BU’s Daily Free Press reports that people in my neighborhood are tiring of Boston College students’ carousing; they’ve even passed around a petition. I’d have signed it if I’d known about it.
Student parties are ruining their quality of life, residents said in a letter to the mayor’s office and Boston College. More people are drinking and there were more disorderly houses around Cleveland Circle this summer than ever before, according to the letter. More than 50 A-B residents signed a petition supporting the letter.
“The situation here continues to worsen,” said Karen Marshall, who has lived on Lane Park for 20 years and started the petition. “There have been many cases of student disturbances, but it’s the worst it has ever been. We didn’t used to have all these loud parties and drunken people walking back and forth at all hours of the night shouting and stumbling.”
In response to his constituents’ letter, City Councilor Jerry McDermott (Allston, Brighton) promised to move quickly to control disturbances created by partying college students.
“We’re going to be stepping up patrols in the area,” he said. “There’s going to be a zero-tolerance policy. Everyone involved in a party that has illegalities involved is getting pinched. If you over 21, fine, but if you are not, there won’t be any leniency.”
Meanwhile the editor of BC’s newspaper responds with a whine:
Ryan Heffernan, editor-in-chief of BC’s student newspaper The Heights, said he believes that off-campus students and the BC administration are unfairly targeted by the residents and the city.
“Over the years the neighbors have let this tension build up, and now they refuse to believe that BC administration and students sincerely want to be good residents,” he said. “They’ve turned this into an ‘us’ versus ‘them’ battle. Now they harp on anything they can find. After this complaint, in the next few weeks, it will be something else. It would be helpful if we could work together, instead of pointing fingers.”
Heffernan also said McDermott and A-B residents don’t acknowledge the great contributions that BC and its students make to the community.
“Councilor McDermott needs to do a better job on reaching out to students. He continues to harp on BC and its students for being what he believes to be bad neighbors,” he said. “Our university’s track record speaks to the contrary. Many of our students are active in the area, volunteering and heading community services groups. If BC and its students were to just leave, the A-B community and its economy would be negatively affected.”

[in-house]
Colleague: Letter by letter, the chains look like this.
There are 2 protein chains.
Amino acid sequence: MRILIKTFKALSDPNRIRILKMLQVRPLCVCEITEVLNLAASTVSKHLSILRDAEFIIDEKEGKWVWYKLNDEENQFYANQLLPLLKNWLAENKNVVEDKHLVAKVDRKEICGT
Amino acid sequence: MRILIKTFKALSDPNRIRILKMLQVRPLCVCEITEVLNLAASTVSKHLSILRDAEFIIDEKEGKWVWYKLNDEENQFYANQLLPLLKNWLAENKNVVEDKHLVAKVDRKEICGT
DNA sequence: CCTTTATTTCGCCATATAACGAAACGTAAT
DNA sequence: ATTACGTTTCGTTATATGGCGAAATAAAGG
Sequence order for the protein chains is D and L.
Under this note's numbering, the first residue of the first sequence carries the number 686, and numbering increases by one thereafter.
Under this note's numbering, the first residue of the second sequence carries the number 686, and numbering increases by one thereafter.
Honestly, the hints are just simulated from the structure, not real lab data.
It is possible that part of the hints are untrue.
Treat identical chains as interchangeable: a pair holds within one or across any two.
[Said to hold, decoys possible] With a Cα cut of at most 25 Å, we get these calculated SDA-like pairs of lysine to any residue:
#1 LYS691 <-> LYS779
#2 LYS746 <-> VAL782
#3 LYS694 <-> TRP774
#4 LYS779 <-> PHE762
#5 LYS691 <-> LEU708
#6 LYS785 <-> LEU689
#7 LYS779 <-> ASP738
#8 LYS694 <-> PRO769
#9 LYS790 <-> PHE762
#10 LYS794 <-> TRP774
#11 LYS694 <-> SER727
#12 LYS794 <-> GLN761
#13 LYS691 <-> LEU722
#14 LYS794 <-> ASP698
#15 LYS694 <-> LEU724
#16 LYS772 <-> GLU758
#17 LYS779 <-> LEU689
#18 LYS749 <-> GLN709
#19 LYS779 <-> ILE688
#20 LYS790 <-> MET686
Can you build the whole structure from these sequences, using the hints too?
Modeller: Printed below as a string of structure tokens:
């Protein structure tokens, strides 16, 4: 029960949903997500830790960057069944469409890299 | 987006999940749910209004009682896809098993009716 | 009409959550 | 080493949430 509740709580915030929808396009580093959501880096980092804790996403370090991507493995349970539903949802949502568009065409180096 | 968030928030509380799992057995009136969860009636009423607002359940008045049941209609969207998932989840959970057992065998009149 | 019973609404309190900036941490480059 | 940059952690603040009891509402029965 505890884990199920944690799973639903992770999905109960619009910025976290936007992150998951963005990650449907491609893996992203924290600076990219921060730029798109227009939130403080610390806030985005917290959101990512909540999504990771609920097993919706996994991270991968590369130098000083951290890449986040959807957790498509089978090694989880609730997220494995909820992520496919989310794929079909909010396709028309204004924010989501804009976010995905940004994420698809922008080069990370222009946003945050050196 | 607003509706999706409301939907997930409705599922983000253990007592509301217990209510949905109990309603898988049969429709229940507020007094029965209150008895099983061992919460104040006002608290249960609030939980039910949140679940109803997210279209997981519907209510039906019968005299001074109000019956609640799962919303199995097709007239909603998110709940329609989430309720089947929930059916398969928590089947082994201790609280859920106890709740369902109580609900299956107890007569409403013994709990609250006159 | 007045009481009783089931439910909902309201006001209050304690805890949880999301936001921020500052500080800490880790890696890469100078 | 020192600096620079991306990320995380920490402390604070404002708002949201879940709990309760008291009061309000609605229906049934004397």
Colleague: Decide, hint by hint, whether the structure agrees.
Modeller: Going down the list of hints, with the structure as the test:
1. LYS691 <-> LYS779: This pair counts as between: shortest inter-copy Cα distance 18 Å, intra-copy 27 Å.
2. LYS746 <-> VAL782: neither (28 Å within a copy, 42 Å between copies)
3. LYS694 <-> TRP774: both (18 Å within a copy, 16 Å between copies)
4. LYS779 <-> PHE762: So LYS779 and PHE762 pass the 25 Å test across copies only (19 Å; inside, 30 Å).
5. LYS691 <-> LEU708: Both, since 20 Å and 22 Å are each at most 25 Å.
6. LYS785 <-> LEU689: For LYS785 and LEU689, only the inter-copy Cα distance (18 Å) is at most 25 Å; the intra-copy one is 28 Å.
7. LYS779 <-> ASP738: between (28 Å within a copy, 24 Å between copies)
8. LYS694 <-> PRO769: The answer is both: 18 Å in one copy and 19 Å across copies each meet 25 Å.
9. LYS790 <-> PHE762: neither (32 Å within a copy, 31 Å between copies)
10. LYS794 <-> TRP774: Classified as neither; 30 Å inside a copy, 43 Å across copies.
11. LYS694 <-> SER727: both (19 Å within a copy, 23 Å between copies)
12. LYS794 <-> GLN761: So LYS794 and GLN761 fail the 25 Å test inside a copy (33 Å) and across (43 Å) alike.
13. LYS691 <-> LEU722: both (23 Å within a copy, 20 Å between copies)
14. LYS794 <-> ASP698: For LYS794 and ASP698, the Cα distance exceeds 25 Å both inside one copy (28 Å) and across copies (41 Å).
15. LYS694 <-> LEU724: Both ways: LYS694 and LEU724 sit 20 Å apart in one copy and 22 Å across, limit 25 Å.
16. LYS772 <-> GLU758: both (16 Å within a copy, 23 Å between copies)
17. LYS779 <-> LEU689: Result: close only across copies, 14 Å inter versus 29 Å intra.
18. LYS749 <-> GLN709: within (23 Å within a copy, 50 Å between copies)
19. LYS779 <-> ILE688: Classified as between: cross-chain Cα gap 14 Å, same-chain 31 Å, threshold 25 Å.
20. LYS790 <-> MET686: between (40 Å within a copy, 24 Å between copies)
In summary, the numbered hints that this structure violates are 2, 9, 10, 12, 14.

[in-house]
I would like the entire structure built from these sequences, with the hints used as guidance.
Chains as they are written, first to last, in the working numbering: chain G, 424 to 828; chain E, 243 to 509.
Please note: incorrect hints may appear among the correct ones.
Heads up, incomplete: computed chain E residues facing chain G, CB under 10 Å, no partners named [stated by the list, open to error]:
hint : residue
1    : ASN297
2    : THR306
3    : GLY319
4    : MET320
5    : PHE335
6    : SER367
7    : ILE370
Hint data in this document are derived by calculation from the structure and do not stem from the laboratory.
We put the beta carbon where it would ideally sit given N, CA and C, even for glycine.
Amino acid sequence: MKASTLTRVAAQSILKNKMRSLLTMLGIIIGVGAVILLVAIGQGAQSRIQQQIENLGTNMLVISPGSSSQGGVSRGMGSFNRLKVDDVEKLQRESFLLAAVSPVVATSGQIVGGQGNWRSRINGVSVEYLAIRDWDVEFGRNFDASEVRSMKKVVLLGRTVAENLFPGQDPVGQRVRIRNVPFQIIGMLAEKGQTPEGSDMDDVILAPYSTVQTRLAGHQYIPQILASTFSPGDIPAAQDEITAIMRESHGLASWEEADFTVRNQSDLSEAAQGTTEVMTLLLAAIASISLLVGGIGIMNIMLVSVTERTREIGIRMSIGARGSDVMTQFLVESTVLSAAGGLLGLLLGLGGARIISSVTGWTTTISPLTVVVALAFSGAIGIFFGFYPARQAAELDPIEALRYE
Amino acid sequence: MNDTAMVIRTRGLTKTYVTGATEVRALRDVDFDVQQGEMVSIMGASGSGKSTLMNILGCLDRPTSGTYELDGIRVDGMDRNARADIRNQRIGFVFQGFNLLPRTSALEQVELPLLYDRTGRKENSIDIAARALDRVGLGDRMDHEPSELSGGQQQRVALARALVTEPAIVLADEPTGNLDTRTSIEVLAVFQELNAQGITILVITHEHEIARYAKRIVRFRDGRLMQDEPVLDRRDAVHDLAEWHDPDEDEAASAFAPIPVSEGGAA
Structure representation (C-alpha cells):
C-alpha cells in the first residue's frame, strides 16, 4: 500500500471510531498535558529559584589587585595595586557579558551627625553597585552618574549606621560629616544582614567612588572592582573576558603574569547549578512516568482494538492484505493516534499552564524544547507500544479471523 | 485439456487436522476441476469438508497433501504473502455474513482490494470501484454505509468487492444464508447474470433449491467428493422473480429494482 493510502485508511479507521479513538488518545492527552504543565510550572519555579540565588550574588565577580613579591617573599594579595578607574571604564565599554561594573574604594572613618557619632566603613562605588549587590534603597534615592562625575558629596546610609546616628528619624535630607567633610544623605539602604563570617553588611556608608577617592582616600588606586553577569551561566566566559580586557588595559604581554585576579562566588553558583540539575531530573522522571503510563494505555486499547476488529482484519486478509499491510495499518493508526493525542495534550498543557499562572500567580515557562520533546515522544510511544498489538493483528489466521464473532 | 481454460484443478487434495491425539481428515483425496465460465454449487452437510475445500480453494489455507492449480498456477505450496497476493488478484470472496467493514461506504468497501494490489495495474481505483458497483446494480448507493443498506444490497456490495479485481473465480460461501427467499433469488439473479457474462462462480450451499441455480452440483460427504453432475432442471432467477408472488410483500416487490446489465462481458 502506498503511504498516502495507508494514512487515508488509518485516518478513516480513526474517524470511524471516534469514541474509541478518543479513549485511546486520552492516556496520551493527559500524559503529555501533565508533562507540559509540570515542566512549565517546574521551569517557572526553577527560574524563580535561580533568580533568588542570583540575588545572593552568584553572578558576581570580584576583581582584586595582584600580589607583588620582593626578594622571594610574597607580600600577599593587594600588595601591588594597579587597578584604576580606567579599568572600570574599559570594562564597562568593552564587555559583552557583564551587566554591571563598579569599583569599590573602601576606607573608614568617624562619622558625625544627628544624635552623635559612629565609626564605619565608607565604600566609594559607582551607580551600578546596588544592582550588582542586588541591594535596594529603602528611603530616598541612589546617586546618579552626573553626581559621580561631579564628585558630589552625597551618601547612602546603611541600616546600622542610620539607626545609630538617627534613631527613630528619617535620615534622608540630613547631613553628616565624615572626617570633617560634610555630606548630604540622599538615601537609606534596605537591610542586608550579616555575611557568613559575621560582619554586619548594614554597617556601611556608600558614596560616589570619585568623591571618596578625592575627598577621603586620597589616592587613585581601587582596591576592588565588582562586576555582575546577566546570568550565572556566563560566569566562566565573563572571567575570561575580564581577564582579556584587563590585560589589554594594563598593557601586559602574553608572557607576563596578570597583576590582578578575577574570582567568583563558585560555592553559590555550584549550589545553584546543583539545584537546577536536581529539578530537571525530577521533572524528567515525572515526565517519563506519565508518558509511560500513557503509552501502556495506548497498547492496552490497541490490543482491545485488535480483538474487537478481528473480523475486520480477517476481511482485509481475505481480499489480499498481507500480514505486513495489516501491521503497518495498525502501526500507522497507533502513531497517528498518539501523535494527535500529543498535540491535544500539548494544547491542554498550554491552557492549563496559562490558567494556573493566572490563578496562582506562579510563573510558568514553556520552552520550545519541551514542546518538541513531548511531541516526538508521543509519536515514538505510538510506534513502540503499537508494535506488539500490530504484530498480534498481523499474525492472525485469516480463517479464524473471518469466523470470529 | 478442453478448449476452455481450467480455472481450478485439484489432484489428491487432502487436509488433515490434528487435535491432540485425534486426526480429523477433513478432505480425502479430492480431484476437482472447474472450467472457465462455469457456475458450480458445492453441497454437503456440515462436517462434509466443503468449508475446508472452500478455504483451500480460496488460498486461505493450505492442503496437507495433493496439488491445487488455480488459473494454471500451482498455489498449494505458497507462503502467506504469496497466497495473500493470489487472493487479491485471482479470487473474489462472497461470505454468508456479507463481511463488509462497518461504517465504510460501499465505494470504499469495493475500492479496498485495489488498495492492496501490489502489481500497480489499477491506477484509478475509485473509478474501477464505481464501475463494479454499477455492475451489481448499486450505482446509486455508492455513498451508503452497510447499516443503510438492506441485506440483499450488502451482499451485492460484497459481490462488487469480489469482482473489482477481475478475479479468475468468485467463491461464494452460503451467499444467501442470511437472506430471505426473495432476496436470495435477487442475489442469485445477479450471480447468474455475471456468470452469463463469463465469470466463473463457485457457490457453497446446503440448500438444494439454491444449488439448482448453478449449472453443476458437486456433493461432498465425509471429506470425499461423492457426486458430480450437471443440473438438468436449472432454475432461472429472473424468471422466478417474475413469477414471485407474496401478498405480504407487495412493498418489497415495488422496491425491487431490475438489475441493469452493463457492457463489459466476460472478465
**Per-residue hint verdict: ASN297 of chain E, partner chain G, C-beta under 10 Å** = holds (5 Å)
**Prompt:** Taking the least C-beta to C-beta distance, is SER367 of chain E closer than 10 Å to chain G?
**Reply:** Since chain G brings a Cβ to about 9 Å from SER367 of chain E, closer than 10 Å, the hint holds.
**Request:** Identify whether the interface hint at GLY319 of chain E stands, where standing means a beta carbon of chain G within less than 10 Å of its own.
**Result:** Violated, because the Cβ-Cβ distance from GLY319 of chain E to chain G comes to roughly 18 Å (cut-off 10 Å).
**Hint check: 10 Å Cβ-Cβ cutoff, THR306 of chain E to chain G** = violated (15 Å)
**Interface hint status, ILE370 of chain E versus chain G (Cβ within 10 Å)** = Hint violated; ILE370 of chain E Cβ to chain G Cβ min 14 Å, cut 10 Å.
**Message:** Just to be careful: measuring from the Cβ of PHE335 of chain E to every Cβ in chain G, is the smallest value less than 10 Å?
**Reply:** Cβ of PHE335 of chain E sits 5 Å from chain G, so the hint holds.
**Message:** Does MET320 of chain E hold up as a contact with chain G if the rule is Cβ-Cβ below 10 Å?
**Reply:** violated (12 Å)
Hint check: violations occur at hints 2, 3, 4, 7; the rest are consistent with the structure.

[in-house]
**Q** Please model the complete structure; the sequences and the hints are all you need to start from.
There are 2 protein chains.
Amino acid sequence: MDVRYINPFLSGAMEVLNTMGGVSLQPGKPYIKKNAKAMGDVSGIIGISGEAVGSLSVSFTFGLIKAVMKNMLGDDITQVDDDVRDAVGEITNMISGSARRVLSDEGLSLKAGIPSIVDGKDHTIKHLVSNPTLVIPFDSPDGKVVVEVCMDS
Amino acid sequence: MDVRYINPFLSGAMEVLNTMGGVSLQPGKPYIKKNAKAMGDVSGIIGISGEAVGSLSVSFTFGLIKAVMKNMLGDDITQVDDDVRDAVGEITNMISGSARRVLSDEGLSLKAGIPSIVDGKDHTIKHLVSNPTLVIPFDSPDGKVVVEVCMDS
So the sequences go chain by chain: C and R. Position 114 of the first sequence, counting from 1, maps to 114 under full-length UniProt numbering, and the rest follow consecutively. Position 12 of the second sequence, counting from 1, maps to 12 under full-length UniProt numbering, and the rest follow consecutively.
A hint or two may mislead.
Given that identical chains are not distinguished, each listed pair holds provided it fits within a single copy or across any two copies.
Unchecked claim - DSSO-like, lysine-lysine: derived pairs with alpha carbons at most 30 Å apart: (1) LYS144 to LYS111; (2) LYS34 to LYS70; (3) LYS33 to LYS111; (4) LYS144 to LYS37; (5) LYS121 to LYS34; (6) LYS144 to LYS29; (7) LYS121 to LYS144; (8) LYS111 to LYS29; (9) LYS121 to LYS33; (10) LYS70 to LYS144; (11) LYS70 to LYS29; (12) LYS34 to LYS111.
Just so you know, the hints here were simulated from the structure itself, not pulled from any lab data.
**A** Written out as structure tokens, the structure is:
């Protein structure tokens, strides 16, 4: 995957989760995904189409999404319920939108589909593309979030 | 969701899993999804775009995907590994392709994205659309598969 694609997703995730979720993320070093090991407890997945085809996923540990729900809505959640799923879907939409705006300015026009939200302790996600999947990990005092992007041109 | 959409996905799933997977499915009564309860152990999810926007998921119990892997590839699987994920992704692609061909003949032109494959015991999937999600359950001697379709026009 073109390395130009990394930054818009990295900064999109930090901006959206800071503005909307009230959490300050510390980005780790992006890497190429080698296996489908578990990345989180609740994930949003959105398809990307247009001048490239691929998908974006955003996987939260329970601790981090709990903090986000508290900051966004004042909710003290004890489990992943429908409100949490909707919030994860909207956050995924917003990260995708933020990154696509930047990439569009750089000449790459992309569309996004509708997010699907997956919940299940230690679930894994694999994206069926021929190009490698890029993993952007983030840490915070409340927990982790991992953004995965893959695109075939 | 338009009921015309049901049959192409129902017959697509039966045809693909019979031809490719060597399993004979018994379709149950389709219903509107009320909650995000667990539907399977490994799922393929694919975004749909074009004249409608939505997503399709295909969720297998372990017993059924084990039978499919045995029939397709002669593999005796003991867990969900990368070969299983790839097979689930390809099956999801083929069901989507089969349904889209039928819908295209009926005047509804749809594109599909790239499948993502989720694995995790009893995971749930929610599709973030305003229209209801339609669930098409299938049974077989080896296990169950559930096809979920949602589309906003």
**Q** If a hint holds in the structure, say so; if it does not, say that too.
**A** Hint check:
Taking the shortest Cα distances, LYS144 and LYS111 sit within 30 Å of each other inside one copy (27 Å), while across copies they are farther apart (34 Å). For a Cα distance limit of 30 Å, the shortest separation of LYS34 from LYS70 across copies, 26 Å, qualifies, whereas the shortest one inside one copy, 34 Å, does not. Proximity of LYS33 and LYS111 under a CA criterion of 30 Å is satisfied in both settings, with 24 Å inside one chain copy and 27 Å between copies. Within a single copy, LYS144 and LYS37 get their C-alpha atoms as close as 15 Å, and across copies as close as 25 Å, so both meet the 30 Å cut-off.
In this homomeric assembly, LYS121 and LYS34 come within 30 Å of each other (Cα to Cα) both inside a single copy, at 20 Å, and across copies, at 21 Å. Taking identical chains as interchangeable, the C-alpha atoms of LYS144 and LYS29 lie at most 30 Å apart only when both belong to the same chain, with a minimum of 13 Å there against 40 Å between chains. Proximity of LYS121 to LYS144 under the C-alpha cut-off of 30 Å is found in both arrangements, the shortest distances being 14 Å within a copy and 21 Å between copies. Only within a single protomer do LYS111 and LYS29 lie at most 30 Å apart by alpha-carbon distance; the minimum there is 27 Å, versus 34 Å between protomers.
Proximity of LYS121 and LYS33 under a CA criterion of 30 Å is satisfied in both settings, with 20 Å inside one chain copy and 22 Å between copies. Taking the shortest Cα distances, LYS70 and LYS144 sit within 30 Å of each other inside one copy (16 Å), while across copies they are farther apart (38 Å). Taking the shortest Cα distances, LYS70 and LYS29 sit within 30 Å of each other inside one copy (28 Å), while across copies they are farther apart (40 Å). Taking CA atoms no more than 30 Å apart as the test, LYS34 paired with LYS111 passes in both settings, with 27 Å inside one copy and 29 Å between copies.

Perhaps the “editor-in-chief” has not heard of ignoratio elenchi, the fallacy he commits by arguing that the good deeds of some wonderful BC students excuse the malfeasants. I don’t know about the do-gooders, but I do know that it’s a rare Saturday night I get uninterrupted sleep.
The problem is that McDermott has said the same things before, but the situation’s only worsened. Last year just down the street the police busted an under-age BC toga party. (I passed these folks on the sidewalk and was already embarrassed for them).
Ten underage Boston College students were arrested Friday night for allegedly hosting a toga party in Brighton where alcohol was consumed.
. . .
Boston police responded to a call that 20 people were about to start a fight after a group of BC basketball players attempted to get into the party without paying at about 11 p.m. Friday.
When officers arrived, they saw hundreds of people inside, dressed in togas, drinking, said Beverly Ford, spokeswoman for Boston police. Inside the house, officers found several kegs of beer and an “ice luge” — a block of ice carved to allow liquor to flow into the mouth of a drinker.
The arrests prompted City Councilor Jerry P. McDermott to reiterate his call for better monitoring of off-campus students. McDermott, who represents Brighton, is sponsoring a proposed ordinance that would keep track of where college students live off-campus to make it easier for authorities to control rowdiness. Students from several campuses attended a City Council hearing Thursday to oppose the proposal.
Colleges need to be more accountable, McDermott said. “Universities still have to take responsibility — the city cannot be the only one picking up the tab for policing their student population.”
At the time my dad noted that “your neighbors are also poor classicists. No Roman would drink beer in a toga. The Romans considered beer a drink for barbarians only–at least until they got too far north to grow wine grapes.”